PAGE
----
In addition, the company is building alliances with vertically-minded OEMs in military and government fields. Weiderhold said the company has closed some OEM deals and is working on others.
Couchbase also cultivates horizontal partners. In the cloud space, the company works with Heroku Inc., RightScale Inc. and AWS among others. More than half of Couchbase’s customers run on AWS’ Elastic Compute Cloud (EC2).
“It’s important to work well with EC2, so we established a close relationship with them,” Weiderhold said of AWS.
The companies’ collaboration includes technical integration and joint marketing.
Partnering approaches for the NoSQL channel
Companies pushing beyond relational will likely pursue a couple of nontraditional database partners. That’s because NoSQL systems have varying characteristics that suit different project needs.
Cloudera Inc., which distributes Apache Hadoop data management software, aims to work with data managers of all stripes -- including NoSQL, noted Charles Zedlewski, vice president of products at Cloudera. Cloudera’s Distribution including Hadoop (CDH) includes HBase, the Hadoop database, which Zedlewski described as a NoSQL store.
CDH also includes Sqoop, an integration framework that lets developers create connectors between CDH and other data management systems. Cloudera collaborated with Couchbase on one such a connector for integrating CDH with the NoSQL database. The linkup lets customers tap Couchbase for document database capabilities as well as CDH for data analytics and data processing.
“There are lots of other data management technologies out there designed for different workloads and Couchbase is one example of that,” Zedlewski said.
Equal Experts also aims to tap more than one NoSQL database. The company has a relationship with 10gen, but Browne said it may also partner with Neo Technology, the developer behind the Neo4j NoSQL database. “There’s a lot of promise in all NoSQL products,” he said. “We don’t want to become just a MongoDB reseller.”
Some channel players waiting for NoSQL demand
Other channel companies, while open to NoSQL technology, don’t see much demand for it at the moment.
Sanbolic Inc., which provides distributed data management software, works with partners that could provide a NoSQL solution. But the company’s current customers have not requested the technology, according to a Sanbolic spokeswoman.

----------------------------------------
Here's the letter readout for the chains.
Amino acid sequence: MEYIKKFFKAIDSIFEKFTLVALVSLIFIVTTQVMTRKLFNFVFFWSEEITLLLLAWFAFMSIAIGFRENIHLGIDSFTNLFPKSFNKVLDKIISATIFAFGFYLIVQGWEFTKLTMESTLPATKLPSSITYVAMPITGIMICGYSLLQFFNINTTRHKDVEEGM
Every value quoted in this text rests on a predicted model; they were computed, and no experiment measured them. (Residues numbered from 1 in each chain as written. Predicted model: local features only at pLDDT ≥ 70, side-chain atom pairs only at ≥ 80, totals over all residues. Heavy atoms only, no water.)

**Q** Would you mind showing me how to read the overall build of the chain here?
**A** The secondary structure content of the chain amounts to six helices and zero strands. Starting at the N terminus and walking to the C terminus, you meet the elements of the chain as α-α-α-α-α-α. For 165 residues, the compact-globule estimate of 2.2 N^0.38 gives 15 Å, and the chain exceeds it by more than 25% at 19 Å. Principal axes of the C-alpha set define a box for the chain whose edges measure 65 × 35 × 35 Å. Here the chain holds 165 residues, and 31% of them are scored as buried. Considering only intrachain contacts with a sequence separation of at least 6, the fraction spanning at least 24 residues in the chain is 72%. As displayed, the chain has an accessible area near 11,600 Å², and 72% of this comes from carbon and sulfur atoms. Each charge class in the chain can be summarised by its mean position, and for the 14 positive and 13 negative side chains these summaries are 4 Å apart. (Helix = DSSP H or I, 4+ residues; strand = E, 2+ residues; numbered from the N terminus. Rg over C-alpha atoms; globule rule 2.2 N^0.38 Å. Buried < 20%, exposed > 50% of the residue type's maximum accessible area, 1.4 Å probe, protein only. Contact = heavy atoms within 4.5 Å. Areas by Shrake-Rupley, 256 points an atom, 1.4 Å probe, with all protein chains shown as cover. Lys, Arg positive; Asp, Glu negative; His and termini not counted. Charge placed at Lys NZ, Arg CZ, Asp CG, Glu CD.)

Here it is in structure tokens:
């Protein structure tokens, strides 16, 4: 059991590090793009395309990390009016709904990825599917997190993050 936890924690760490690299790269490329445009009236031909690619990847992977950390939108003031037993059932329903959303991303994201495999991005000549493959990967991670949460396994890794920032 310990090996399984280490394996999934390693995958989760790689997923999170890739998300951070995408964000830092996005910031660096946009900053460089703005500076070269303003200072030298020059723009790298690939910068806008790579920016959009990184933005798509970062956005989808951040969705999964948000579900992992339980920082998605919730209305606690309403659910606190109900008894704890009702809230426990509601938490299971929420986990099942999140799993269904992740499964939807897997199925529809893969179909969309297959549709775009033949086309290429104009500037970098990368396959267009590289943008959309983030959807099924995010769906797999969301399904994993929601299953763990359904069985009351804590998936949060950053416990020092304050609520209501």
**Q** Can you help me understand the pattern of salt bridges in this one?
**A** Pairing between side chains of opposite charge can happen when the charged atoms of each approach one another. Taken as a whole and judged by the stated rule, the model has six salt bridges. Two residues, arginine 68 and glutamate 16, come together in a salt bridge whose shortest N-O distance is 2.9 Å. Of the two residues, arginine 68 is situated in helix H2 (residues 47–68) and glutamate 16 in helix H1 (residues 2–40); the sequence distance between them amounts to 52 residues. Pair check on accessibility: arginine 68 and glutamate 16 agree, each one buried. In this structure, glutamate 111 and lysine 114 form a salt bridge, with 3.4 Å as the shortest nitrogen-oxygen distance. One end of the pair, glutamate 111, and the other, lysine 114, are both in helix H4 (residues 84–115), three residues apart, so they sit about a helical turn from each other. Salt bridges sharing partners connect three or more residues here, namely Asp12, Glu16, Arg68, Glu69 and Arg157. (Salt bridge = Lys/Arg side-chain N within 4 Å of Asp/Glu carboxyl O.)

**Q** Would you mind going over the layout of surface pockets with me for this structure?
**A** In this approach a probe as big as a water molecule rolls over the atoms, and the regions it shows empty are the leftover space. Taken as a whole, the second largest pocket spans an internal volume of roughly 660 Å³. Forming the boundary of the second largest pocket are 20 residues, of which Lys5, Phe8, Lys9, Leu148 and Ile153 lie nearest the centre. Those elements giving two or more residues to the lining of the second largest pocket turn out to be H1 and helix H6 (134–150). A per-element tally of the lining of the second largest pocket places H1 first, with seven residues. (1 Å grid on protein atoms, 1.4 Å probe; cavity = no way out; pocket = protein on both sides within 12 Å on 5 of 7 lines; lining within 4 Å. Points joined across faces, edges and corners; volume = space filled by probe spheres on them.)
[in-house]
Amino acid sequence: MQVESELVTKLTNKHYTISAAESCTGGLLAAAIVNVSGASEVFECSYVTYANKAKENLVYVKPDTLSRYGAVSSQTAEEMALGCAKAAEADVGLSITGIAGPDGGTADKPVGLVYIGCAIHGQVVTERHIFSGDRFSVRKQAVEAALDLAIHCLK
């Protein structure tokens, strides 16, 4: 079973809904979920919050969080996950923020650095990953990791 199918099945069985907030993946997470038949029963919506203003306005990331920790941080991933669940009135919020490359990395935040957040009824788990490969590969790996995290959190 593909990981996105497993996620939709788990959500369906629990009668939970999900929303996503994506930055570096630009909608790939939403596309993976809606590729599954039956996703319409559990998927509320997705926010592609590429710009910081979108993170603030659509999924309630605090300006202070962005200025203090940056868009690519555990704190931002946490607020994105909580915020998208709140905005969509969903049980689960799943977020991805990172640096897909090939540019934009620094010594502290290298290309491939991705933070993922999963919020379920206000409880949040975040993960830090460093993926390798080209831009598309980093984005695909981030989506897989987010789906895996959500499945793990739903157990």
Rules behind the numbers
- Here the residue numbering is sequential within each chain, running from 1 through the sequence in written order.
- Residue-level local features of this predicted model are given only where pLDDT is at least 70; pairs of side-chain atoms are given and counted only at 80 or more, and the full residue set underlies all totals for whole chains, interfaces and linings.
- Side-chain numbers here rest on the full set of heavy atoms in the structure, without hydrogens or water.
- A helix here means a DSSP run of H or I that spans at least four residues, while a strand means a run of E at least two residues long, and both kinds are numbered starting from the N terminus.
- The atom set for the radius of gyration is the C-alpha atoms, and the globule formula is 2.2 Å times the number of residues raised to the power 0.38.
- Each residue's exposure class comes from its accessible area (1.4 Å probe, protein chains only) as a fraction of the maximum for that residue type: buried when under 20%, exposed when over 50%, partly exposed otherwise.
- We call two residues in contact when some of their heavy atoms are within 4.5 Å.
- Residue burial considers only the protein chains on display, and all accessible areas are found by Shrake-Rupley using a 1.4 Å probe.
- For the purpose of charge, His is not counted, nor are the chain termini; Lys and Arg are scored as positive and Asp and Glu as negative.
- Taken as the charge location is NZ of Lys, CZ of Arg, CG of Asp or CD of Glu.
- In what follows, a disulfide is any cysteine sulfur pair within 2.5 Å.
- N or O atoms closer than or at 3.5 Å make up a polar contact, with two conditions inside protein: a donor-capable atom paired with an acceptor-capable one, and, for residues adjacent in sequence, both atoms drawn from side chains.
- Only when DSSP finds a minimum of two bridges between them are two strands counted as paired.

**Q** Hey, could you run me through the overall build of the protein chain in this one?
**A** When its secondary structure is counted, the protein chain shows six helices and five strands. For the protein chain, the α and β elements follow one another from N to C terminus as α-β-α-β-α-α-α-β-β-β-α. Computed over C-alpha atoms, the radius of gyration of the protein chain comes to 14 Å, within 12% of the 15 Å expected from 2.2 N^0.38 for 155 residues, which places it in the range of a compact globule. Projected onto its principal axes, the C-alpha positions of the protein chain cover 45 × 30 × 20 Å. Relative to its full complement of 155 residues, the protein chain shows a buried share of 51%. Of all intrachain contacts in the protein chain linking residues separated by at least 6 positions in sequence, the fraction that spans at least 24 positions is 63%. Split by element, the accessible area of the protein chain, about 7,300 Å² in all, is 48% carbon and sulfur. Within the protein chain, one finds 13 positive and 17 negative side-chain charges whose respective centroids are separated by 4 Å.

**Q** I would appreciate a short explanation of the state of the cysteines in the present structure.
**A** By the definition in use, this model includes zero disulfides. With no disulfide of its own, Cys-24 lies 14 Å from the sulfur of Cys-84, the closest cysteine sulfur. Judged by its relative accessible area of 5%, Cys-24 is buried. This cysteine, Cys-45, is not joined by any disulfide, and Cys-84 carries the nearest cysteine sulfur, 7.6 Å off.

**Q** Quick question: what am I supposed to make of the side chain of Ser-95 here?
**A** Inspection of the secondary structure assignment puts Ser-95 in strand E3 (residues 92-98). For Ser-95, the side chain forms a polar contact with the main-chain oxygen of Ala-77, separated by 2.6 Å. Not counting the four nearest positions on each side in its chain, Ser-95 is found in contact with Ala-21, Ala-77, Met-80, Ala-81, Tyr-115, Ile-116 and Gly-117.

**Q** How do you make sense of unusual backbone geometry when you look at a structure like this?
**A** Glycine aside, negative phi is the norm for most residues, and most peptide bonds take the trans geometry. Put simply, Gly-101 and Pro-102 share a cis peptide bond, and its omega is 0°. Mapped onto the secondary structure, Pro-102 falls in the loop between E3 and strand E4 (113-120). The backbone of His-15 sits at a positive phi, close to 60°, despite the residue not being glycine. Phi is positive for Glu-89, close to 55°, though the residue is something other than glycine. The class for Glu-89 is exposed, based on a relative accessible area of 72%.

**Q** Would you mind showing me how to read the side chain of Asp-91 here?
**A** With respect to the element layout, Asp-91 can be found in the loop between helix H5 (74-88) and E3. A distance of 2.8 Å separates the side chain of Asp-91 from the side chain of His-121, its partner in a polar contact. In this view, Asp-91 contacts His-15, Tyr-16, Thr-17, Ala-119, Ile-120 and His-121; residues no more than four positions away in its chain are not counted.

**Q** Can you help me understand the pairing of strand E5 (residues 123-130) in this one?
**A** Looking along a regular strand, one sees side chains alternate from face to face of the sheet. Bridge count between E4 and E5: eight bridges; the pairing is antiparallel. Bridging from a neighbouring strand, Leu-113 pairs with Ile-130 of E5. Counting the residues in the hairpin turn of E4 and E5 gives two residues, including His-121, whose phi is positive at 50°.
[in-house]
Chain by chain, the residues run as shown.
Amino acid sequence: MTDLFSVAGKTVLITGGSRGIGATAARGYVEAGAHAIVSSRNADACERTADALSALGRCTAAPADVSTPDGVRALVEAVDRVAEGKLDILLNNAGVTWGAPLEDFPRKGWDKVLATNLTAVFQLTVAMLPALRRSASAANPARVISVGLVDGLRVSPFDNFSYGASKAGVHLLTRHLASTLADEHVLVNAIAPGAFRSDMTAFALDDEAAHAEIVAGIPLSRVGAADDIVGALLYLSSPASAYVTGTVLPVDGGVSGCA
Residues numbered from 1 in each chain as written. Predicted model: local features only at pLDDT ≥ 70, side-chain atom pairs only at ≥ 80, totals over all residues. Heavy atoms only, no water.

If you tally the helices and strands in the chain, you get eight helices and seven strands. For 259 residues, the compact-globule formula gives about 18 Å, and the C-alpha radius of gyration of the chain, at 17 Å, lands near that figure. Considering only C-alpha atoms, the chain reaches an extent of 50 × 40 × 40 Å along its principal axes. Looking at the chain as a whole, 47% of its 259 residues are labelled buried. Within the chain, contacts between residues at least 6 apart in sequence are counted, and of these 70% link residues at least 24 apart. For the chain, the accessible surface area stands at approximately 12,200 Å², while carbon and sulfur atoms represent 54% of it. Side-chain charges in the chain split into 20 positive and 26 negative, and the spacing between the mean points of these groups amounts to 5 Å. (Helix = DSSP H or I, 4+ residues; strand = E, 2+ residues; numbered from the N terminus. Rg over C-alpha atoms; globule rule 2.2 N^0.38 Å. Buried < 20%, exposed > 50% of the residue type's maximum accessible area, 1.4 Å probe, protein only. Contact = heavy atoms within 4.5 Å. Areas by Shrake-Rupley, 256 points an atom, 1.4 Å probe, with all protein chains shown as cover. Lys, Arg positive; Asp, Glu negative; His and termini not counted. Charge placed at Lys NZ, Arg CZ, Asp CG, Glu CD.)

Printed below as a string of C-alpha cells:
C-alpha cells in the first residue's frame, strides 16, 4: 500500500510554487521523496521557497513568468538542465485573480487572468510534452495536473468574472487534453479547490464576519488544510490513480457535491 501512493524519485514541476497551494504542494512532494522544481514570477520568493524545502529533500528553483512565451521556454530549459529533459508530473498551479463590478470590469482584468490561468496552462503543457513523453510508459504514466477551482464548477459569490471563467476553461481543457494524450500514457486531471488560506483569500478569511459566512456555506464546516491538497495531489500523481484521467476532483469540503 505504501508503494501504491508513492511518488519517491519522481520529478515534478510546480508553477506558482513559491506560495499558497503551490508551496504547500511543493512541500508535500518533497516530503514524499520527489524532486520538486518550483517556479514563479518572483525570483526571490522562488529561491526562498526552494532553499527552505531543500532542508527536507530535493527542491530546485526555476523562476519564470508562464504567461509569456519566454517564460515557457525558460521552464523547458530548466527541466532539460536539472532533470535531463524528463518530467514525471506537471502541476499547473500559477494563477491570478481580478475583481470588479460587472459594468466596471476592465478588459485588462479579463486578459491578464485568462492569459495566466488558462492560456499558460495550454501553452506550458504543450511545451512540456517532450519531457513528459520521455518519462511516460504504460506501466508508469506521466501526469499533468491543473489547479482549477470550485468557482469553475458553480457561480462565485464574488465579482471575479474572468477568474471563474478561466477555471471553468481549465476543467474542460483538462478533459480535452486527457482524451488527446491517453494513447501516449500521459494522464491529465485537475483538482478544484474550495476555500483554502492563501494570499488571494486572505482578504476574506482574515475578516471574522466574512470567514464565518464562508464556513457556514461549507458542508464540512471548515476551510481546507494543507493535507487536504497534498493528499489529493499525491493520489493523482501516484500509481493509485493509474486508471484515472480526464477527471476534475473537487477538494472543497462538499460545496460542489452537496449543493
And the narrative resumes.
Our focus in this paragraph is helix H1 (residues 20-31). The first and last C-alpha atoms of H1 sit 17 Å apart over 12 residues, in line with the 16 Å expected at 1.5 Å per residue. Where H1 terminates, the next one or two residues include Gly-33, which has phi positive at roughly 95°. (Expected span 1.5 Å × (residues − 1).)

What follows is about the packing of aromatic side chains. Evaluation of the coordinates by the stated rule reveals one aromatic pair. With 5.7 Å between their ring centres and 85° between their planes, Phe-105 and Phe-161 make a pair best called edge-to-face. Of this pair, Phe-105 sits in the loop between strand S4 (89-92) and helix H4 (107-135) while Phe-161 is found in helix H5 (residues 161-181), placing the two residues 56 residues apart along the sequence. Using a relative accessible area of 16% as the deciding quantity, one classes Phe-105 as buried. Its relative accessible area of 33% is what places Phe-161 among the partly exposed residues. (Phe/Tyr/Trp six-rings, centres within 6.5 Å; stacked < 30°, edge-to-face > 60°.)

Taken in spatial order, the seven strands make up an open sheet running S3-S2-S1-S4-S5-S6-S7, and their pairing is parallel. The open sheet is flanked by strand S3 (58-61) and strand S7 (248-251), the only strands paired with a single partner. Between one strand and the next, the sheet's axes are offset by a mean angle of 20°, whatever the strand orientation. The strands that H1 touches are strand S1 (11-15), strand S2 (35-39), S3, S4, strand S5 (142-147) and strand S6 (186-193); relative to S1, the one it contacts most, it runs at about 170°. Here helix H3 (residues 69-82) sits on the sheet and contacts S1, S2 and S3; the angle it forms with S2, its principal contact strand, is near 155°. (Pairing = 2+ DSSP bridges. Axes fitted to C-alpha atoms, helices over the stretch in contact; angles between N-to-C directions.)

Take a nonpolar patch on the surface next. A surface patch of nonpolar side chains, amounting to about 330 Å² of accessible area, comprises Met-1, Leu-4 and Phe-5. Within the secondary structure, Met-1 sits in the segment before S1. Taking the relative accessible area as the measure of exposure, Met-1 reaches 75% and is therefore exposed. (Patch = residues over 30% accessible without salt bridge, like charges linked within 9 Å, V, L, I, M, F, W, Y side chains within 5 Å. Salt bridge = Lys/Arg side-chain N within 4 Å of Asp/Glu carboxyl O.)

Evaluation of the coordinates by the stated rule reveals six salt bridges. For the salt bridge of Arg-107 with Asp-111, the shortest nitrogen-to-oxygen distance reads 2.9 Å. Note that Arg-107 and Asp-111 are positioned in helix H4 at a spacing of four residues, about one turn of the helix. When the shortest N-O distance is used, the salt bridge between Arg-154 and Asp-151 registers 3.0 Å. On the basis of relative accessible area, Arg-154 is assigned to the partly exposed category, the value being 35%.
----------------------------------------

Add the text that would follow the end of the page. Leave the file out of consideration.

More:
One reason: Customers invested in SQL relational projects aren’t particularly keen to adopt a new technology.
“I think the major challenge we see is that people have worked on SQL for so long and gotten so proficient at it and everything is so well integrated with it,” said Momchil “Memo” Michailov, co-founder and CEO of Sanbolic.
NoSQL adoption would compel organizations, in many cases, to recode applications to work with the database technology, he said. “It is a tough sell mostly because of the integration issue with existing legacy applications,” Michailov said.
Kacy Clarke, principal architect, at Cloud Technology Partners Inc., a cloud consulting firm based in Boston, said NoSQL is probably not the solution for the run-of-the-mill problems most enterprises have. However, she said her company has begun to encounter interest in NoSQL among customers with issues that traditional databases struggle to solve. To wit: organizations grappling with scale challenges, with tens of thousands of users writing to a database simultaneously.
Clarke projected mainstream adoption of NoSQL for appropriate workloads in the 2014 time frame. She said she believes the database sector will fragment as customers match database systems to particular problems.
“Most companies will end up with multiple database technologies instead of stuffing everything into Oracle or DB2,” she said.
“It’s been a renaissance of new technologies in the data management market,” Zedlewski added. “People are moving away from the notion that one size fits all.”
The subtext for channel partners: be prepared to expand your database horizons.
John Moore is a Syracuse, N.Y.-based freelance writer, reachable at email@example.com.
This was first published in November 2011